WHICHEVER country has the cheapest energy will get the best jobs and at the moment that is the United States as a result of its shale oil and gas revolution.
This has slashed energy bills, will help make the US energy independent, and has created one million new jobs with a further two million expected.
In a recent World Energy Outlook, the International Energy Agency warned that Europe could lose a third of its global share of exports from energy intensive industries because of price disparities between it and the US.
This is particularly relevant to the North East, which is the only net exporter in the UK, with many of these goods made by the energy-intensive process industries on Teesside.
But many of these companies – representing 30% of the region's industrial base – face energy price rises of up to 30% by 2020 and 50% by 2030, as a result of the UK’s green policies.
There are also concerns over the security of the UK’s energy supplies with businesses facing potential blackouts as early as this winter, due to the loss of significant quantities of baseload, fossil fuel power in place of intermittent renewables.
Steve Holliday, the chief executive of the National Grid, last week warned the UK will have to tailor its energy use to the weather.
Speaking to the Daily Telegraph he said that historically, energy users had "expectations that the supply will always be there" to meet maximum demand.
But "with renewables in the world in which we are moving towards" this would no longer be the case as it would make more sense to shift energy demand to times when the wind blows or the sun shines.
"We have to get used to a world in which when power is cheap we use it, when power is expensive we find a way of not using it," he said.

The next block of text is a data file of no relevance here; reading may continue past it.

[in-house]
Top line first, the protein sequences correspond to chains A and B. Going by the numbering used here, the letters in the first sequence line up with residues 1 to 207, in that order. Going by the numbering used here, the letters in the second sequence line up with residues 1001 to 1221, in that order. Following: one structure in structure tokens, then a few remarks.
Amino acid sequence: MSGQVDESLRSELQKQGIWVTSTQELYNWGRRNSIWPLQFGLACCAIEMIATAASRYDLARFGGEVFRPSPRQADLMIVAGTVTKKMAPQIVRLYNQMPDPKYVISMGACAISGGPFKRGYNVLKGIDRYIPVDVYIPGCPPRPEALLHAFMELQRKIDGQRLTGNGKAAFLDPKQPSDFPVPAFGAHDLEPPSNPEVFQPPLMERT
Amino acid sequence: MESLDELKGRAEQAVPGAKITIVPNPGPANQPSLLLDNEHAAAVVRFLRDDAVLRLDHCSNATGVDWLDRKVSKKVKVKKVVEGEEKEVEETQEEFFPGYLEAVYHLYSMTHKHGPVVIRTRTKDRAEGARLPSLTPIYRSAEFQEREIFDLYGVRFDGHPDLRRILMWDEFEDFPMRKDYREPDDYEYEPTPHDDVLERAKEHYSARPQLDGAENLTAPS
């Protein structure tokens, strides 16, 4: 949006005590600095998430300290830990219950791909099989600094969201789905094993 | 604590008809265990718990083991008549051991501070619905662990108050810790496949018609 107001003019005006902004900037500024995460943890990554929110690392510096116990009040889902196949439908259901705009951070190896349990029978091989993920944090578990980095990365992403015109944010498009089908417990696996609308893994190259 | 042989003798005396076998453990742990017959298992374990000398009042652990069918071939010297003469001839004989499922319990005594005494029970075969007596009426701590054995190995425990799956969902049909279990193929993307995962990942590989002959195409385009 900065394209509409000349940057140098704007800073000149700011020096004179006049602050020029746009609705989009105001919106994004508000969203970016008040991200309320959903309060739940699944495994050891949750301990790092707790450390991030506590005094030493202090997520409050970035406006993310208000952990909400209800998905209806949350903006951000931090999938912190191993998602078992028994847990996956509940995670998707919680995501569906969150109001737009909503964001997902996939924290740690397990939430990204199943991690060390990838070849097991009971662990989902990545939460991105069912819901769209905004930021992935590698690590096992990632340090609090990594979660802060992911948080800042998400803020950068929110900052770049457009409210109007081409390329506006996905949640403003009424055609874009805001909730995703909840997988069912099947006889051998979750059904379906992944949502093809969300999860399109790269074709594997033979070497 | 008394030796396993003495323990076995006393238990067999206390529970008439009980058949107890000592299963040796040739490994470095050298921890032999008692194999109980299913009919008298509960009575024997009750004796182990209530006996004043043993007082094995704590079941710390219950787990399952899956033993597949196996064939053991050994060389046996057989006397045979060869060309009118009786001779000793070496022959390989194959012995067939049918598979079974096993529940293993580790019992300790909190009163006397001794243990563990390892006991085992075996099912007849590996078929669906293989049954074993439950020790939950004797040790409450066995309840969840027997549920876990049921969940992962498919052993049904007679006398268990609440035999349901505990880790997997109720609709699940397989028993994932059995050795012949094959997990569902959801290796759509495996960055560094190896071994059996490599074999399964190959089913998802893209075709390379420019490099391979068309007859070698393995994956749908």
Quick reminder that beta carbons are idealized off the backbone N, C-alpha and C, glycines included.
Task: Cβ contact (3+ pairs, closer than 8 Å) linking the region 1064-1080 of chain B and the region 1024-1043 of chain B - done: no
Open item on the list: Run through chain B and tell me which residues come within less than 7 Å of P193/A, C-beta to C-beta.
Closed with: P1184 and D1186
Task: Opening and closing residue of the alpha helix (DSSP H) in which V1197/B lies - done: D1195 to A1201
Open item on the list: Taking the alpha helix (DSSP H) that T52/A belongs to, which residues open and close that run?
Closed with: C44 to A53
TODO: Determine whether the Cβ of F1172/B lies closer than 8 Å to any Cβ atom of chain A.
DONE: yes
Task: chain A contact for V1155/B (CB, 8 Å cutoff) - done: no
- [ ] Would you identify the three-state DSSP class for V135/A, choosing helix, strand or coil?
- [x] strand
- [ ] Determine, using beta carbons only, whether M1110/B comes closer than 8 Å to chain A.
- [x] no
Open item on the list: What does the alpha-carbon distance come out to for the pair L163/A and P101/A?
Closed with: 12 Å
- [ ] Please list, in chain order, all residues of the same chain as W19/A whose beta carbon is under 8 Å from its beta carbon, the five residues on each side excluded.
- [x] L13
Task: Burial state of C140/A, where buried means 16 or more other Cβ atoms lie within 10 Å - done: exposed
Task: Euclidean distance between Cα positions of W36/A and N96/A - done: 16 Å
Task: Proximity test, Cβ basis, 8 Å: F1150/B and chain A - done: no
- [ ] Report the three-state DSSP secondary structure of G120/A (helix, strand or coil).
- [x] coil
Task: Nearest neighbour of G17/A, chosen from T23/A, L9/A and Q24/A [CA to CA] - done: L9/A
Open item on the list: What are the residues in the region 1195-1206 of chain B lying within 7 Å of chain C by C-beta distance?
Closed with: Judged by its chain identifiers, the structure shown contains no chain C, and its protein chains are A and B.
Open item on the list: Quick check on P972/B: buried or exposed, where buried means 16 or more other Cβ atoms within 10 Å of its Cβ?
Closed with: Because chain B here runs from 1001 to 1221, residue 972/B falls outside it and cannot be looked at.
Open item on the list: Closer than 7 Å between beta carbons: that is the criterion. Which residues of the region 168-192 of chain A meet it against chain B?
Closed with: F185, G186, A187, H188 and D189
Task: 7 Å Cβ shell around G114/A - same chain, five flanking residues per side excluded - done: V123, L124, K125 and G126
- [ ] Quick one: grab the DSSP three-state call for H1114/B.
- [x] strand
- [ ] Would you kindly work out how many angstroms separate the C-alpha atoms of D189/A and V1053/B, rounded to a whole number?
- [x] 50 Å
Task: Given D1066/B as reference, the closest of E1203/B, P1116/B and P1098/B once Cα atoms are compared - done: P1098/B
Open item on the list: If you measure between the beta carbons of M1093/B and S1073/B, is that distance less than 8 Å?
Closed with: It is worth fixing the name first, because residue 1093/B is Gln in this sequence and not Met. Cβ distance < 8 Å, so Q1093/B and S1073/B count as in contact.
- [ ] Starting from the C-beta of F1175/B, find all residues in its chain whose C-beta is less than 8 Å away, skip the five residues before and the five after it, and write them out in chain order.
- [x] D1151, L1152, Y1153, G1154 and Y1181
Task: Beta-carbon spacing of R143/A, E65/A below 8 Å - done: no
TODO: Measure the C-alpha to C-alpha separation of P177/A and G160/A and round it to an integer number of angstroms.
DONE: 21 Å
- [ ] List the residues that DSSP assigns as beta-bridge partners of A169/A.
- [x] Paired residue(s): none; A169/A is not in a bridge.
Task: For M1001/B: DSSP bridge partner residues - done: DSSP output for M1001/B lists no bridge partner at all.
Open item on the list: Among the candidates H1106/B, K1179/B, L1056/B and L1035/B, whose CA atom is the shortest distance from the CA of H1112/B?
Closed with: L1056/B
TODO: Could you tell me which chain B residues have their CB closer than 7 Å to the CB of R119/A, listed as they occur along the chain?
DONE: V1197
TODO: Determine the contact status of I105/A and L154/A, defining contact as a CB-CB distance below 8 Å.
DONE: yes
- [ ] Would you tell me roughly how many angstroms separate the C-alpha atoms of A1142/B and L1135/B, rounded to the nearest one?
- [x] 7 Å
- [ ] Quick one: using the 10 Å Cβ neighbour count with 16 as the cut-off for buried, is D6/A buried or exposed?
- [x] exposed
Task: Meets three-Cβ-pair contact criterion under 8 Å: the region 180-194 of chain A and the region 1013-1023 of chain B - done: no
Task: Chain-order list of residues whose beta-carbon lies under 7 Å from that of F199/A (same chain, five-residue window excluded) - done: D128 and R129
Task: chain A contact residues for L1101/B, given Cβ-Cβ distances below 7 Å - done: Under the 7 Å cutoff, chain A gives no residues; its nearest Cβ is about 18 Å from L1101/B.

This seems like a backward step in an advanced economy and is one of the reasons why we need to get on fracking for shale gas. The Royal Society, British Geological Survey, WaterUK and Public Health England all says it’s safe.
Gas has 50% fewer carbon emissions than coal and can act as a low carbon bridge to a less carbon intensive future, alongside nuclear power, energy from waste and renewables, in particular solar.
Last month two close environmental and liberal allies of President Obama, former senators Tim Wirth and Tom Daschle, called for the whole treaty framework of mandatory emissions limits to be scrapped in favour of a greater focus on energy innovation and adaption.
This makes sense. We have to find a way to replace dirty energy technologies with cleaner ones, and develop low carbon technologies that can broadly scale without the need of costly subsidies.
We will have to eventually wean ourselves off fossil fuels but the top down policies we currently have are out of date.
They were drafted when we thought we had reached peak oil, but that has now been overtaken by the shale revolution and we need to enter a new era of climate pragmatism.
Peter McCusker, Energy Writer
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